<Location /server-status>
SetHandler server-status
Order deny,allow
Deny from all
Allow from 1.2.3.4
</Location>

And this is how you’d do it in Lighttpd :

$HTTP["remoteip"] != "1.2.3.4" {
url.access-deny = ("/server-status")
}

Great, eh ? There are whole bunch of conditionals you can embed within your configuration file, including nested statements and regular expression matching. In fact, that’s how vhost configuration is managed:

$HTTP["host"] =~ "^(www\.)?foo.com" {
...
}

And you just plonk your vhost settings in between the curly braces. Or how about using variables inside your configuration ? Take a look at the following :

$HTTP["host"] == "www.example.com" {
var.basedir = "/sites/www.example.com/"
server.document-root = basedir + "html/"
accesslog.filename = basedir + "logs/access.log"
}

It gets better, too – want to enable SSL support for your server ? Forget all the complex Apache directives, in Lighttpd it’s reduced to a few lines :

$SERVER["socket"] == "1.2.3.4:443" {
ssl.engine="enable"
ssl.pemfile="/usr/local/lighttpd/etc/certificate.pem"
}
Notice what’s so cool about that – it also binds to the specified address and port – otherwise, what would the point be in checking it ? This approach of "doing the right thing" extends to all parts of Lighttpd. Take the gzip implementation, for instance. It’s widely acknowledged that gzip’ing your content will dramatically lower your bandwidth, however it can also add a fair amount of overhead to an already busy server as it has to compress each file it sends out. Lighttpd takes a great common-sense approach, in that it caches compressed static content. If the file hasn’t been updated since it was compressed, there’s no point in running the expensive gzip compression again – it just serves the cached version.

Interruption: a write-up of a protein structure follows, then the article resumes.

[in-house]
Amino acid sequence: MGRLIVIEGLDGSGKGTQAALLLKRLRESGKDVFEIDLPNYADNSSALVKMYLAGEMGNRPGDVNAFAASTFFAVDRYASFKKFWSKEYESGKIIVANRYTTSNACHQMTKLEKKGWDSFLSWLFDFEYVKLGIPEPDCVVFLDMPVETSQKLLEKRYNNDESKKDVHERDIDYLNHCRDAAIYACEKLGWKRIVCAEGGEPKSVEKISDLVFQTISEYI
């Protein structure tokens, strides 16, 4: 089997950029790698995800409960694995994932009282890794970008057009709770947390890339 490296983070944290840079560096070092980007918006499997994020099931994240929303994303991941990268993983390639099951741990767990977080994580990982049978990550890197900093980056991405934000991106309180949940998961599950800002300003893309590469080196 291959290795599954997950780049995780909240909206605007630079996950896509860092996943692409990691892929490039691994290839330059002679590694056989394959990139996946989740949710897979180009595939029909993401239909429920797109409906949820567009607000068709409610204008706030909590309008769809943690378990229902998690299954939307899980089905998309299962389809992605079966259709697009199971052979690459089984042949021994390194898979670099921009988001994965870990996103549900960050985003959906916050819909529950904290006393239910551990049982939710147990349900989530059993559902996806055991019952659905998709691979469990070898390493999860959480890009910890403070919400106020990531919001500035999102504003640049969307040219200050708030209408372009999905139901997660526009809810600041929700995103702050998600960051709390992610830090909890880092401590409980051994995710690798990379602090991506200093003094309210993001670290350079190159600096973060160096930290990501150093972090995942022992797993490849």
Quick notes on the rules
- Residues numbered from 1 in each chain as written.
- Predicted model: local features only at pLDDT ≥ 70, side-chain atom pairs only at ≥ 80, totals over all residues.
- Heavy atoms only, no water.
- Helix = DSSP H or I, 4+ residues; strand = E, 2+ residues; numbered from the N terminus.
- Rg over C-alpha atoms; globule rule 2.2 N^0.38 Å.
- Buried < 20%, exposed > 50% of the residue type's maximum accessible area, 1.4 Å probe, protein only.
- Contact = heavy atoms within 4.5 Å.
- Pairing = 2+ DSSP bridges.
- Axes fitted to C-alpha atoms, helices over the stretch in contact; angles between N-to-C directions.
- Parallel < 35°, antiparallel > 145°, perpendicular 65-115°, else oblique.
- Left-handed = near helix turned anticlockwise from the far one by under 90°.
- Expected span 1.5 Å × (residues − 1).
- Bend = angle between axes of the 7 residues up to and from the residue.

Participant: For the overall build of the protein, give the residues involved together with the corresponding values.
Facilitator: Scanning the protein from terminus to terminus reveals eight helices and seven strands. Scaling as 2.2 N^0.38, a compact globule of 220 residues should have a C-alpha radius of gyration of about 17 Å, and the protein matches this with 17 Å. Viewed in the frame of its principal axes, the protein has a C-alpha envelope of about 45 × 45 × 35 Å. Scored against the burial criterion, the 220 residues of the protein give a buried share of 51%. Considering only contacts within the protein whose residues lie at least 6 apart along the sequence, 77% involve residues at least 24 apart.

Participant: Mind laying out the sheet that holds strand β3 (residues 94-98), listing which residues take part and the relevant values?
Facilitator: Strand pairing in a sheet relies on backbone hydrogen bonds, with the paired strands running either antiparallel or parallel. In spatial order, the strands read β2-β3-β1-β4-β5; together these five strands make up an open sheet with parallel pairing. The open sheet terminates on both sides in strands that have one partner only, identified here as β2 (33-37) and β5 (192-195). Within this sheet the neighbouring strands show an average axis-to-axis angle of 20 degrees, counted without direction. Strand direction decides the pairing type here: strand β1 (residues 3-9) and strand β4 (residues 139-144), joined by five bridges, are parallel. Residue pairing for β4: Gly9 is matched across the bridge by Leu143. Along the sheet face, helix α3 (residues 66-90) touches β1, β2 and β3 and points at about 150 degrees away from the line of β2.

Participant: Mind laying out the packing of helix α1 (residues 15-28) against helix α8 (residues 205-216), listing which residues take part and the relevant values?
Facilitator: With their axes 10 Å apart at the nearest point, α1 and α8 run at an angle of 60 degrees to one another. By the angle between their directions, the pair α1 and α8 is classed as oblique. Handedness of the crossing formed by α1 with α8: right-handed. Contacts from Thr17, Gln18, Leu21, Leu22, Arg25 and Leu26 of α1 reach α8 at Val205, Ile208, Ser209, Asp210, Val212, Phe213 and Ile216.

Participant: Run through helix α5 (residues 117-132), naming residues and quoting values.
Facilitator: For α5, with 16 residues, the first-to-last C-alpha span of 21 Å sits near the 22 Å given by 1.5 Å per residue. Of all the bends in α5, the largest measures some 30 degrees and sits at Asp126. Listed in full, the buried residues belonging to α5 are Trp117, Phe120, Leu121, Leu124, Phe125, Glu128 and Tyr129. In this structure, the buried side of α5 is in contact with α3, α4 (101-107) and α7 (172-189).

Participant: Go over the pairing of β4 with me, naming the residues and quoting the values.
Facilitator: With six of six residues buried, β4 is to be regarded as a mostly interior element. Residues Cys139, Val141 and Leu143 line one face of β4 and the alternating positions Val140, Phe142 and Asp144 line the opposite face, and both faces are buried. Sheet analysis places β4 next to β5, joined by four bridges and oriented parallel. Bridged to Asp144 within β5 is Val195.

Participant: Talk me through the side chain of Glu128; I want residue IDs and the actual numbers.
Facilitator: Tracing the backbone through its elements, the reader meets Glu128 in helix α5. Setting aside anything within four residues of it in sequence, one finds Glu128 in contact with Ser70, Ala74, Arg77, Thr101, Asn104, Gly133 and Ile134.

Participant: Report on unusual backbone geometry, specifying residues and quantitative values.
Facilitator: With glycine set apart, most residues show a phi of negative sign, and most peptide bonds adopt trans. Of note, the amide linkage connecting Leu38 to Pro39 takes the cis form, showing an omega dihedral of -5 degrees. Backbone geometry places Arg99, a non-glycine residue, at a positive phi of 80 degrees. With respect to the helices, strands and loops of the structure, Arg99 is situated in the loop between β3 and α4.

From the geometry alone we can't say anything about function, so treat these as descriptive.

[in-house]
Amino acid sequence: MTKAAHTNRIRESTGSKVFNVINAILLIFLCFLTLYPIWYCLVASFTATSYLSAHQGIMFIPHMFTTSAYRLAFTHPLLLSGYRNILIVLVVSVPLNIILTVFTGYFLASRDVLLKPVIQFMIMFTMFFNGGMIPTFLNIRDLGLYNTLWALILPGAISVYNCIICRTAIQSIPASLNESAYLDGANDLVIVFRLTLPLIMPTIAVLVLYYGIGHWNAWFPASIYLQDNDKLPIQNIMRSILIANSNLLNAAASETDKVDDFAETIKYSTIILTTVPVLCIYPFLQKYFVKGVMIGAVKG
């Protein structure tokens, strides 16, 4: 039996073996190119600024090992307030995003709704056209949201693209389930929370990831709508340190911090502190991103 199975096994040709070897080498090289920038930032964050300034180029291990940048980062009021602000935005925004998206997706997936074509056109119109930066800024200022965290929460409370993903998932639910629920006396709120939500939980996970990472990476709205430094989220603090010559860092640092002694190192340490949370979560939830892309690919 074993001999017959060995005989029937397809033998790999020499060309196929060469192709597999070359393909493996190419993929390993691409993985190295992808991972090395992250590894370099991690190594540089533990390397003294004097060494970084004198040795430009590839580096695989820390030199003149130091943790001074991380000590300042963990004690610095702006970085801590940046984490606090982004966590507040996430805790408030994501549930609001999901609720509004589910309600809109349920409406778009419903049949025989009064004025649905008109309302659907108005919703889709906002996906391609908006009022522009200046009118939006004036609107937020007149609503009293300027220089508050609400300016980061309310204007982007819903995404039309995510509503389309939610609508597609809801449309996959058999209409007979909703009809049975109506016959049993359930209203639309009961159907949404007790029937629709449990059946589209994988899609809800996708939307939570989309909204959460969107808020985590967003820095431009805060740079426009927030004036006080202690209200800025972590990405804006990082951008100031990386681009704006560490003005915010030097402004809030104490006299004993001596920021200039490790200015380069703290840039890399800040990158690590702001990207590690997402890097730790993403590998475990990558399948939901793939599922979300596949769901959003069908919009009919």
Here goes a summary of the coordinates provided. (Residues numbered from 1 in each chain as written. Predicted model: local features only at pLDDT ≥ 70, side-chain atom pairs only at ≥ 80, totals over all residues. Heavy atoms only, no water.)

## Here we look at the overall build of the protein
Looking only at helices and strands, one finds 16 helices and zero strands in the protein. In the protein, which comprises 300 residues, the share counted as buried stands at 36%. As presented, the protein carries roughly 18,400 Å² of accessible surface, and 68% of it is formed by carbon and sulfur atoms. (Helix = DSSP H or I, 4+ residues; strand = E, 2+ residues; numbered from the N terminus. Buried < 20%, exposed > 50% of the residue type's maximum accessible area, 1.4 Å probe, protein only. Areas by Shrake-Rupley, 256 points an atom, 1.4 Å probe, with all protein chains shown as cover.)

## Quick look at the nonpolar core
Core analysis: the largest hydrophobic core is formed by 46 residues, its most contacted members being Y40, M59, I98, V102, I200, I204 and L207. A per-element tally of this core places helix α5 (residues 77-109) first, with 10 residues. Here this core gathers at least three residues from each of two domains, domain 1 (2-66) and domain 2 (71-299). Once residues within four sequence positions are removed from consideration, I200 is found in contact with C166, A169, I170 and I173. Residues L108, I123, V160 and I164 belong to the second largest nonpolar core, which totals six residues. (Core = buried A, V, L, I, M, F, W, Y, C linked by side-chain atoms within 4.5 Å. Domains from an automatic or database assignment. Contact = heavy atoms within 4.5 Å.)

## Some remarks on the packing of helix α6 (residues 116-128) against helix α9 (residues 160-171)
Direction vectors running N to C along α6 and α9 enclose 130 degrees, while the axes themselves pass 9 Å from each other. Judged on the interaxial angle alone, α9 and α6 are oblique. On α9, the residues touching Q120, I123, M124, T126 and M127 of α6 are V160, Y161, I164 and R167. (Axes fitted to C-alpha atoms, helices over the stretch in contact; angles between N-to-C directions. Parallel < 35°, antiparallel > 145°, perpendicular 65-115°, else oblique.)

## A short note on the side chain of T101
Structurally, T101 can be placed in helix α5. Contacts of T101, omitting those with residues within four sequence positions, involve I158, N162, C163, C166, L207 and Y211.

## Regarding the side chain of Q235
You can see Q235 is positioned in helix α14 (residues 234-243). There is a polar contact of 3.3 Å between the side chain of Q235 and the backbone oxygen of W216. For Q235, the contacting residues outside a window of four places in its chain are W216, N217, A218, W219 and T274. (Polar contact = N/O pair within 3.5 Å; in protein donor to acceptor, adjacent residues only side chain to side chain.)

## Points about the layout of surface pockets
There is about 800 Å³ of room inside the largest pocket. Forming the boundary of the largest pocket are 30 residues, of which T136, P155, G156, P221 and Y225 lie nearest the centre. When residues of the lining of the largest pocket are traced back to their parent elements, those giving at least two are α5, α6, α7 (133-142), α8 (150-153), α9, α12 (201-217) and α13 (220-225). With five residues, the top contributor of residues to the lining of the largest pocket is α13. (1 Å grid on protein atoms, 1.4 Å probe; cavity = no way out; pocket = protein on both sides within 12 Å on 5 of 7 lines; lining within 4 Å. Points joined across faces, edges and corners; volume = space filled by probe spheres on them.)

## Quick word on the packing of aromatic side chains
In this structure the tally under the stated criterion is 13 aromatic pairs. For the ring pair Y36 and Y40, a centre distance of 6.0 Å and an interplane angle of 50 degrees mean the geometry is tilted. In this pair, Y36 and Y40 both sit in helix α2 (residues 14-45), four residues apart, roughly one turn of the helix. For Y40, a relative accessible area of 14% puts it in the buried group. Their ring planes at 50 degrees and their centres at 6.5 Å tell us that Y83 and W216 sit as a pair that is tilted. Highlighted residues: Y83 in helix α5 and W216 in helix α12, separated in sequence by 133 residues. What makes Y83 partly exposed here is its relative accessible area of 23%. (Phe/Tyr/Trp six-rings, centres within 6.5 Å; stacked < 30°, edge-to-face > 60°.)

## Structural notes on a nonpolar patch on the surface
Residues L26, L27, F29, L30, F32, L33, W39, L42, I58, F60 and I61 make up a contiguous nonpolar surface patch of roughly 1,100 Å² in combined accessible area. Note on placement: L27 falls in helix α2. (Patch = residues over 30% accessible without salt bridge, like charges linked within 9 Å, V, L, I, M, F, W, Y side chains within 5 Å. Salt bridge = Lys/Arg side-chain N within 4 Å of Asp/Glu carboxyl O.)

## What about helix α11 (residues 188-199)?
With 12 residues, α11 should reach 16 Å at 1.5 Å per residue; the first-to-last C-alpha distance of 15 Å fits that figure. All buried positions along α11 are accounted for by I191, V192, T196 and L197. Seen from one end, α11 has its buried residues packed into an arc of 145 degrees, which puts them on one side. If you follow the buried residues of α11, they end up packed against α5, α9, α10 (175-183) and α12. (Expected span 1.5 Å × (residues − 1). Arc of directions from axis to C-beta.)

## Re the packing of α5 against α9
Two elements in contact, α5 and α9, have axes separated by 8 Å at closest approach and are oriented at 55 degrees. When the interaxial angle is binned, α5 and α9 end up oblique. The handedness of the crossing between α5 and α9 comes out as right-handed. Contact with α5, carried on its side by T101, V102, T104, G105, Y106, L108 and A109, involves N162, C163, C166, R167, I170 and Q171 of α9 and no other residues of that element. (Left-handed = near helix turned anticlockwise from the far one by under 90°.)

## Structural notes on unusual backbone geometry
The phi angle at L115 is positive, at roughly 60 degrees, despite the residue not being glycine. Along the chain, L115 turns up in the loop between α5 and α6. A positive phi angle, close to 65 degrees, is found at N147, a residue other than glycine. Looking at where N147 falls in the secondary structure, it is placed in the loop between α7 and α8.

Features

Fortunately, Lighttpd also supports most of what are on my list of essential features for a webserver, namely access and authentication control (using a variety of backends, including LDAP – more on that later), and rewrites. Syntax is obviously a little different to Apache, but that’s no bad thing. In fact, after only a few hours hacking, I managed to get a variety of applications running flawlessly on Lighttpd – including the Serendipity blog this site runs on, the Wikka wikki software, and the FogBugz bug tracking system. Yes, the same system I ranted about in an earlier post ;-) I’ll post my configurations here if any one is interested. There are also a whole raft of additional modules and plugins available – despite the documentation being a little sparse in places and missing some useful examples, there’s always the wiki, forums and mailing lists for interacting with other users.